"Honest Whig" and pro-American
Lee knew Benjamin Franklin through the Whig coffee-house club — Franklin's "club of Honest Whigs" of his first mission in London (1757–1762) — which he frequented with Priestley, Price and Andrew Kippis, and introduced Priestley to Edmund Burke. On a later Franklin visit, that of 1773–5, Lee was one of those who met in Ludgate Hill, at the London Coffee House. It was the so-called "fortnight club".
In Franklin's Privy Council hearing of 1774, over the Hutchinson Letters Affair, Lee acted as his counsel, as second to John Dunning. With Thomas Townshend, Lee was attacked in 1775 by John Shebbeare writing as a government hack for Lord North's administration.
Religious views and Essex Street Chapel
By family background in Leeds, Lee was associated with Mill Hill Chapel, which was de facto Unitarian. His own views were influenced by his friend Priestley. He met Theophilus Lindsey through Priestley and William Turner of Wakefield, in the late 1760s. He was a sympathetic adviser to the promoters of the Feathers Tavern petition of 1772 to Parliament, asking for lifting of restrictions on religious dissenters.
A leading figure in the petition was Theophilus Lindsey, a priest of the Church of England, who in 1773 resigned his Yorkshire living because of religious scruples of conscience, a step against Lee's wishes because the chances were his replacement would be High Church or an evangelical, rather than a liberal. In 1774 Lee helped Lindsey establish the first avowedly Unitarian congregation in England. It was Lord Shelburne, a financial backer, who directed Lee, and Sir George Saville, towards Lindsey's Unitarians. Before the 1813 Act it was illegal to deny the doctrine of the Trinity, but the temper of the times allowed for some latitude. Lee persuaded the relevant London justices to register the Essex Street Chapel at Hicks Hall, and attended Lindsey's inaugural sermon. In 1775, Lee, Lindsey and his wife and Priestley were meeting regularly on Sunday mornings.
Lee was known as a nonconformist. With Sir William Fowle Middleton, 1st Baronet, he voted in parliament in 1789 for legal relief for dissenters, when the Test Acts and Corporation Act were debated.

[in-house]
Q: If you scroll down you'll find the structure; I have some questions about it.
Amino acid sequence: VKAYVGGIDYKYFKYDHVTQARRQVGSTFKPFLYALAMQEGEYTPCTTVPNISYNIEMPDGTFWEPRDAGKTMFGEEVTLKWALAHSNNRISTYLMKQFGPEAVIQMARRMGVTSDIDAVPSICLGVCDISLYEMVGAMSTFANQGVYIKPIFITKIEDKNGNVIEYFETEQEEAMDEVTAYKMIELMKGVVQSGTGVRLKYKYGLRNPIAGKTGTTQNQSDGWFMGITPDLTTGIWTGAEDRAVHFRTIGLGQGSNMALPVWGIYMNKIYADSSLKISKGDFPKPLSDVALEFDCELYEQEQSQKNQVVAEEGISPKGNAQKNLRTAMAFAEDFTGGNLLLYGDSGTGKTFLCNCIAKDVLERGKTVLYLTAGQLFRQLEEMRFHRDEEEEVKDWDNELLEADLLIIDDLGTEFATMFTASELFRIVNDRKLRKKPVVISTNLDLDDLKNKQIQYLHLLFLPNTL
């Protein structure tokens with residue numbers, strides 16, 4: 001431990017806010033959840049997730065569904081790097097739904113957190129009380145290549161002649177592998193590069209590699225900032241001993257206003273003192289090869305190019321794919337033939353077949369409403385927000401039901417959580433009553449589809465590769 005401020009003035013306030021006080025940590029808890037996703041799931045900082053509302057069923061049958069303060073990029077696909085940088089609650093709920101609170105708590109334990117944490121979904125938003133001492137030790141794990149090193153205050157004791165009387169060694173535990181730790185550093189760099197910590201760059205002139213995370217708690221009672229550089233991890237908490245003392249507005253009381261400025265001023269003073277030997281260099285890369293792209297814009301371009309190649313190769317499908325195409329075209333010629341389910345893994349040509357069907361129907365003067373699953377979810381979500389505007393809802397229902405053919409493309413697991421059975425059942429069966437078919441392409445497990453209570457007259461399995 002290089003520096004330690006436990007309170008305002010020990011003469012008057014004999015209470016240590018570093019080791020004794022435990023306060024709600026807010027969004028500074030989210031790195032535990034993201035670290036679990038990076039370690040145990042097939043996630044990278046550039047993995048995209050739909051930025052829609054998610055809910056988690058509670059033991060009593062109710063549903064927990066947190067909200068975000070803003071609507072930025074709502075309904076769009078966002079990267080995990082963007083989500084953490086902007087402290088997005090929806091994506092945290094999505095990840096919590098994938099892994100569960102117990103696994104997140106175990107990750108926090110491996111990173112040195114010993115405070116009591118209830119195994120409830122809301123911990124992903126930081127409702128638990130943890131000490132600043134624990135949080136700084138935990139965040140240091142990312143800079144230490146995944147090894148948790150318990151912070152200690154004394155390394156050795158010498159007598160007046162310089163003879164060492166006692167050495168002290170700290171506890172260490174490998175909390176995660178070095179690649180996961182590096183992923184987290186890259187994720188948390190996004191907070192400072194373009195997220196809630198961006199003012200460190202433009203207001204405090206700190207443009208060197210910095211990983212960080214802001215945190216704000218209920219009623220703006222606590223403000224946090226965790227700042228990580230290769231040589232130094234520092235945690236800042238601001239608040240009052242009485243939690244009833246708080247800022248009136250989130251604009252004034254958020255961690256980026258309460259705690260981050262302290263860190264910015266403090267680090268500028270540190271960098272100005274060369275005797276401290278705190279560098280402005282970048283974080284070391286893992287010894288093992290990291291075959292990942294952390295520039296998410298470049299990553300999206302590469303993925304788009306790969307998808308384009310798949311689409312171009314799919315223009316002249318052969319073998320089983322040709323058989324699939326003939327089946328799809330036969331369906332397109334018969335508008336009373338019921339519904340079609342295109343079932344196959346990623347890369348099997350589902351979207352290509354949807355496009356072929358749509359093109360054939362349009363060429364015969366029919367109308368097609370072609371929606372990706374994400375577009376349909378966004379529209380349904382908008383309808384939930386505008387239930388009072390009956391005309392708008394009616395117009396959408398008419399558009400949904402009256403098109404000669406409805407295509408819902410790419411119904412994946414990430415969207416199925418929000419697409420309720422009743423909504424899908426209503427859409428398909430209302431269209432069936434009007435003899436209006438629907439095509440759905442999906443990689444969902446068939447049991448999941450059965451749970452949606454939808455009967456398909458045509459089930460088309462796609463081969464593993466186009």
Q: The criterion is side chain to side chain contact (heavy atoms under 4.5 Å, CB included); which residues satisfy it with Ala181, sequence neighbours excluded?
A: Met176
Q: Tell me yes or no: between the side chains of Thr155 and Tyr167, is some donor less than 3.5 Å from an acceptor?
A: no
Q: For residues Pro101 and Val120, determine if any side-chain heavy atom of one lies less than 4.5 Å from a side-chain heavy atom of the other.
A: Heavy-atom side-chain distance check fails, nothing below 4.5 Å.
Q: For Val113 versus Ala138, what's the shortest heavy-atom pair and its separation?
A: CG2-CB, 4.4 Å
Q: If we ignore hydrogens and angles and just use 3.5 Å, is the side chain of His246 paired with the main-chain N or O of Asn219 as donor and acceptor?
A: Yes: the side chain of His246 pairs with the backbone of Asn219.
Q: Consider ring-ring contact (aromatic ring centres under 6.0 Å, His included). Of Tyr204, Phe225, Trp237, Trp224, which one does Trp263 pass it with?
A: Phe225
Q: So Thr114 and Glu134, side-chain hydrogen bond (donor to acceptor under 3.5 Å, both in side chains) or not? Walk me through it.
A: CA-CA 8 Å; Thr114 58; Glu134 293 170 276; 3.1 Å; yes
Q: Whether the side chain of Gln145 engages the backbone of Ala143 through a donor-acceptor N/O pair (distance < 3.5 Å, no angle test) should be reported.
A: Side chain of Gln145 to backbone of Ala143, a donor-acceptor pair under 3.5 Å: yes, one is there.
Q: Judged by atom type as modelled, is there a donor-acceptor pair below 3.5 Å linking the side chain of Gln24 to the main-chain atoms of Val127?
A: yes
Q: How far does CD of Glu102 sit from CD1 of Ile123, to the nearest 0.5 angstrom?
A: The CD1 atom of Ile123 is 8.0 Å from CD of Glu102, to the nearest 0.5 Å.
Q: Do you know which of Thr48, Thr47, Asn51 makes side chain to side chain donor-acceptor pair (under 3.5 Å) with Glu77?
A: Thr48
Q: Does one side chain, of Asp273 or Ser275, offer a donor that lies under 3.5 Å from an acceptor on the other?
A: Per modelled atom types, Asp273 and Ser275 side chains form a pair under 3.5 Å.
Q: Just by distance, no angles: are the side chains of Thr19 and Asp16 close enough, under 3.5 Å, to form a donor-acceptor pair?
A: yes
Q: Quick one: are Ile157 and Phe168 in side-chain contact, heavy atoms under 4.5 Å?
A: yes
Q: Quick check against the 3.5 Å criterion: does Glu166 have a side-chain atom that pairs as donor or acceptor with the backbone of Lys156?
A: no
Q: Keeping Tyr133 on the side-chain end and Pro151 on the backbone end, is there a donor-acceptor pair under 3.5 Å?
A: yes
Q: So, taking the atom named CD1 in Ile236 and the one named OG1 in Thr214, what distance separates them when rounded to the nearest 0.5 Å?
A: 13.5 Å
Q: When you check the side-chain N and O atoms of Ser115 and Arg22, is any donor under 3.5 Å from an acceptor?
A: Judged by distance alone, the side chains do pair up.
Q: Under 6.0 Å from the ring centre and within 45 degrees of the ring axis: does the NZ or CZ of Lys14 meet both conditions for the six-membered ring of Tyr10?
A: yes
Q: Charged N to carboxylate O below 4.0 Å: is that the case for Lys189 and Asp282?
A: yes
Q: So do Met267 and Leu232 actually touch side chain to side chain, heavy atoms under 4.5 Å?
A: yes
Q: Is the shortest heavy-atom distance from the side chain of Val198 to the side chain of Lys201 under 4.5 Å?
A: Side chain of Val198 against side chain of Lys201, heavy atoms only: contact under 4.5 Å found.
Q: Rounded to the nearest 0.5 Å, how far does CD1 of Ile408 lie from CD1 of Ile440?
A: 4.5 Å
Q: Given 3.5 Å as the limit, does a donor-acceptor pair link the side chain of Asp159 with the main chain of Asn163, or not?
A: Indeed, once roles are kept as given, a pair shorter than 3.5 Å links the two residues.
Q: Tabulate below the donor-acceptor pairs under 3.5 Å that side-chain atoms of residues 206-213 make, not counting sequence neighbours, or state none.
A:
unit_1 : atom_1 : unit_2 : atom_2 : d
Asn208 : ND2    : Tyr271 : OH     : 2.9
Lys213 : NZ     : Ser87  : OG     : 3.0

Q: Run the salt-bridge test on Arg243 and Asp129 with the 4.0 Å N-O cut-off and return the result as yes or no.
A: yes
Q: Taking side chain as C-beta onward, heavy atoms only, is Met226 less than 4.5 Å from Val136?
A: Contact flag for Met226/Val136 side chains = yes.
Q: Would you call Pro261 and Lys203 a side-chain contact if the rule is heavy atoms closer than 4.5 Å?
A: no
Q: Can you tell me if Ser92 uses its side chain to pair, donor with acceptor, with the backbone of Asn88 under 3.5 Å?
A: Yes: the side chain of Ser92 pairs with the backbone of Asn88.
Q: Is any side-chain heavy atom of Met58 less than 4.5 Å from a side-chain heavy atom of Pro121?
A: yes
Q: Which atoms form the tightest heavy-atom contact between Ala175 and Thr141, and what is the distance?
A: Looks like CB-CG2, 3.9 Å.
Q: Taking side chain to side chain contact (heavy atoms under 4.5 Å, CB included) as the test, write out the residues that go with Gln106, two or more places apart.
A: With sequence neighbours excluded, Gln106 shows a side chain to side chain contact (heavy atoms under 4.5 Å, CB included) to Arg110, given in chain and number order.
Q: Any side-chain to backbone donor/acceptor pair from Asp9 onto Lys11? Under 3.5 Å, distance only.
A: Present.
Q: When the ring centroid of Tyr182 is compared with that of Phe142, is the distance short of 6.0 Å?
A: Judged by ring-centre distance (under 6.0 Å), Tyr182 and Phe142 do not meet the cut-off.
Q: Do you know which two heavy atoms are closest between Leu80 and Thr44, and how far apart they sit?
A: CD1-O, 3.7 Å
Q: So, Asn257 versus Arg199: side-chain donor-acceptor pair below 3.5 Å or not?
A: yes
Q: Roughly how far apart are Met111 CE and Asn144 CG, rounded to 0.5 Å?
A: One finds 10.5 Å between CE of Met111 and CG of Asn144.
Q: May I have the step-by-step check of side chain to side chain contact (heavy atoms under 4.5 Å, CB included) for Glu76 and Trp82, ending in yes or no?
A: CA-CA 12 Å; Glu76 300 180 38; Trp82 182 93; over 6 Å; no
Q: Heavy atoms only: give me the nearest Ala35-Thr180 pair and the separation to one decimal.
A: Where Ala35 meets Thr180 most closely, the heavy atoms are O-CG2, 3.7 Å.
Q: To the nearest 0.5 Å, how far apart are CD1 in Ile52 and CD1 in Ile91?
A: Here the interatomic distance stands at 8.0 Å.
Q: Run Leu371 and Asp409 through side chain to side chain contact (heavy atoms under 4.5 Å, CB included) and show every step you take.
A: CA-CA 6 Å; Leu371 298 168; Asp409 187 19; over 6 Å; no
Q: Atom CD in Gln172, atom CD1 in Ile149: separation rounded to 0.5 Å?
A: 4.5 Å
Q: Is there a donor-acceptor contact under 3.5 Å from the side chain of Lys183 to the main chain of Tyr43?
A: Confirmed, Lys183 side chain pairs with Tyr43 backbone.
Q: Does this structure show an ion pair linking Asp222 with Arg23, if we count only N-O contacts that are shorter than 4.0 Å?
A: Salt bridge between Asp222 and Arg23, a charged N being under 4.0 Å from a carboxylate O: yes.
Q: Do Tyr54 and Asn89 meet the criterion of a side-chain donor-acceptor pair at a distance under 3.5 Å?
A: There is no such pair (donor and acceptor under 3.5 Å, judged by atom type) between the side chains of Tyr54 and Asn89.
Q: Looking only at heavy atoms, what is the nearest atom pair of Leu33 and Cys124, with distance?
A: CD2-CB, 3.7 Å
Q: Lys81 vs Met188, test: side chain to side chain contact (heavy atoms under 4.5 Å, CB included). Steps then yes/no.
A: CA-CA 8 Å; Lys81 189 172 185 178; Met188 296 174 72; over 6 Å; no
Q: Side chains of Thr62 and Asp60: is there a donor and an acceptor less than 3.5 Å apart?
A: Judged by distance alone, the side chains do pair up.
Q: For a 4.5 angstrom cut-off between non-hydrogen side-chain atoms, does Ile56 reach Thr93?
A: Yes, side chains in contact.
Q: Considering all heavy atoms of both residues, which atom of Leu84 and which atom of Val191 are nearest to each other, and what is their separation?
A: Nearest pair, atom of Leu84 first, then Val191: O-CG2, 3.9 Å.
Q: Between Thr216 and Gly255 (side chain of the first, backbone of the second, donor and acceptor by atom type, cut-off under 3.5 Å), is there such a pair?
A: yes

In 1779 Burke consulted Lee on his own affairs, and a case concerning the Irish army officer Bigoe Armstrong (died 1794). With Charles James Fox and others, Lee worked successfully for the release of John Trumbull, during the American Revolutionary War. In the small group of Rockingham Whigs involved in the Yorkshire Association petition of early 1780, with Shelburne, Burke, Keppel and George Byng, he wrote again to Christopher Wyvill in support of the Association in 1782.
John Burgoyne, on parole in England after his capture by the Continental Army, was summoned back to America in 1781 (apparently tit-for-tat, in relation to the detention in the Tower of London of Henry Laurens. The advice of Lee and Charles James Fox led to an appeal to Benjamin Franklin, carried out by Burke.
In Fytch's Case, Lee won the case, on a resignation bond given for a church living, in the Court of Common Pleas in 1782 against the Bishop of London, on behalf of Lewis Disney Fytche. The decision was reversed on appeal.
Samuel Heywood was one of Lee's friends from the Northern Circuit. In 1783, Lee represented the owners of the slave ship Zong in court, after its owners tried to force their insurers to pay them for the loss of 132 slaves murdered by the ship's crew. His legal argument invoked the concept of chattel slavery and became notorious in abolitionist circles; it cannot be taken as his personal view, and the same goes for Heywood, another dissenter on the insurers's legal team.
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|Parliament of Great Britain|
| Member of Parliament for Clitheroe
With: Thomas Lister
Sir John Aubrey
| Member of Parliament for Higham Ferrers
Sir James Mansfield
| Solicitor General
Richard Pepper Arden
Richard Pepper Arden
| Solicitor General
Sir James Mansfield
| Attorney General